The laptops in Sony's TX series are not only impossibly small, but super-stylish, too. The 11-inch widescreen display is enough for use while out and about and its titchy dimensions and lightweight chassis won't slow you down while you're on the move.
Despite its small size, the TX5XN is usable, with a decent keyboard and even an internal DVD writer. It's fully Vista capable, so you don't miss out on the fancy extras in Microsoft's new OS, and at around £1,500 it's not exorbitantly priced.
The TX5XN hasn't changed much on the outside compared to its predecessors -- the TX2 and TX3 -- but when the design is this good, that's no bad thing. Crucially, its footprint is still smaller than a sheet of A4 paper, and even when closed it's less than 30mm thick.
The laptop lid is finished with a stylish black metallic effect, while the rest of the body is decked out in an attractive silver. The lid itself is only a mere 4mm thick, which seems impossibly thin, but thankfully it's protected by carbon fibre to help prevent damage. You'll still want to exercise some care when opening and closing it, though, as the screen can flex a fair bit.
11-inches of screen estate is enough for working on the move, although if you're planning on using the laptop for prolonged sessions in the office, you'll want to hook it up to a larger external display to prevent eye strain.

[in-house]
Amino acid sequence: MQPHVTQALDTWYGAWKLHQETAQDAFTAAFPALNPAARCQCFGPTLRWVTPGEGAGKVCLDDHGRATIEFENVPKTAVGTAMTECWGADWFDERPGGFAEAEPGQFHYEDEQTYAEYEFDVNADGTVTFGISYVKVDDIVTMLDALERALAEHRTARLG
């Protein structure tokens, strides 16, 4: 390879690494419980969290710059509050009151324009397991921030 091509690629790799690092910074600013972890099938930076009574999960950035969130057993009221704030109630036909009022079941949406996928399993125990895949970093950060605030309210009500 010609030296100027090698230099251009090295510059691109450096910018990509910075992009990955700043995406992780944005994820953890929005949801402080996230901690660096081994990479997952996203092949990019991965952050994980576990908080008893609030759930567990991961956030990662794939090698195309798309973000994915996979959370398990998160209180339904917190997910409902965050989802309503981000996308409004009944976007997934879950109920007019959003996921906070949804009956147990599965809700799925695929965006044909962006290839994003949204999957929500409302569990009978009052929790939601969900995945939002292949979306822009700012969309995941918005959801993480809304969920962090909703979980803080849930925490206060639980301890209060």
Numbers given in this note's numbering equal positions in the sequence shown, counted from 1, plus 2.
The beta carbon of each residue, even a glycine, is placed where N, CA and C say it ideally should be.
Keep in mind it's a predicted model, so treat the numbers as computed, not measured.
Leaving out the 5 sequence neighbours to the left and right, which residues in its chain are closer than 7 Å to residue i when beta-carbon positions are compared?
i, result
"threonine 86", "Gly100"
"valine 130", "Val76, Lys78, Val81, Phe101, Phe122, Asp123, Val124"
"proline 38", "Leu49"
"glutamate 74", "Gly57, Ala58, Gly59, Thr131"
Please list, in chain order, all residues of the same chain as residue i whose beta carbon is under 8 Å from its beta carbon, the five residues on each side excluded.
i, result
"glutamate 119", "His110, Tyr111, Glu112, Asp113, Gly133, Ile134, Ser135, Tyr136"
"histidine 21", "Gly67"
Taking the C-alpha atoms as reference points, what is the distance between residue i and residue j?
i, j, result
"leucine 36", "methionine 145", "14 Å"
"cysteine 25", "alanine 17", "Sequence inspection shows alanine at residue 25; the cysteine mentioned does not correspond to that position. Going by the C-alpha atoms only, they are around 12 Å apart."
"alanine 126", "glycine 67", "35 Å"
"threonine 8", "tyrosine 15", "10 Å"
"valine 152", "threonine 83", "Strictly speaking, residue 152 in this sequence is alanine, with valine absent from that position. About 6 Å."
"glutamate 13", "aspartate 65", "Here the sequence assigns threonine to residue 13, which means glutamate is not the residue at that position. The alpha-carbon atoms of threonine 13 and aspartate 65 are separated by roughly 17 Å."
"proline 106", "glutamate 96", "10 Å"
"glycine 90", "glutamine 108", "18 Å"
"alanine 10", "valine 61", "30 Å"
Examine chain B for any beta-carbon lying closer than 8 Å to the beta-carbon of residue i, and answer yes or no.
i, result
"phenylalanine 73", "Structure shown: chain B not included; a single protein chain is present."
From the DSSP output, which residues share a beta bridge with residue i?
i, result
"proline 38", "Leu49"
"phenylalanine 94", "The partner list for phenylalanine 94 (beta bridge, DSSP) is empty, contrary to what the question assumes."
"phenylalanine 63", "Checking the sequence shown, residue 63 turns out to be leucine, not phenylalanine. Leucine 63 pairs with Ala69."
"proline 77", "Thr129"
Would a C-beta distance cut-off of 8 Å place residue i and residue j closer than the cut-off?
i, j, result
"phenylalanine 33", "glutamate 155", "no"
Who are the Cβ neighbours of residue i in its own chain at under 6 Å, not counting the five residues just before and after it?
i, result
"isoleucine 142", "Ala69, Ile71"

Despite the small chassis, the keys are decently sized and comfortable to type on, and the keyboard is stable and not prone to the flexing we've seen on some ultraportables. The touchpad does feel like it's been squeezed in though, with the top almost touching the space bar -- you may find you accidentally brush against it when typing. The mouse buttons are a little awkward to press right at the bottom of the unit.
There's a fingerprint reader tucked away on the right-hand side, so you can use a single swipe of your finger to replace passwords.
The right of the unit is mostly taken up by the internal DVD writer, with a D-Sub VGA port towards the back. Over the other side there are two USB ports -- one of which is hidden behind a flap along with the modem connector -- and a PC Card slot. At the back there's a four-pin FireWire socket, network port and power connector. Along the front edge Sony has included an SD card slot as well as MemoryStick reader, volume buttons, headphone and microphone sockets, plus a wireless on/off switch.
There's a panel of shortcut buttons at the top edge of the machine, above the keyboard, which by default are set to launch the DVD playback software and provide play, stop, fast forward, rewind and eject.
This laptop is built with portability and long battery life in mind, so it's no surprise that it's a little lacking in the Gigahertz department. The Intel Core Solo U1500 ultra-low voltage chip -- running at 1.33GHz -- and 1GB RAM are sufficient for everyday tasks but lack the oomph for anything more intensive.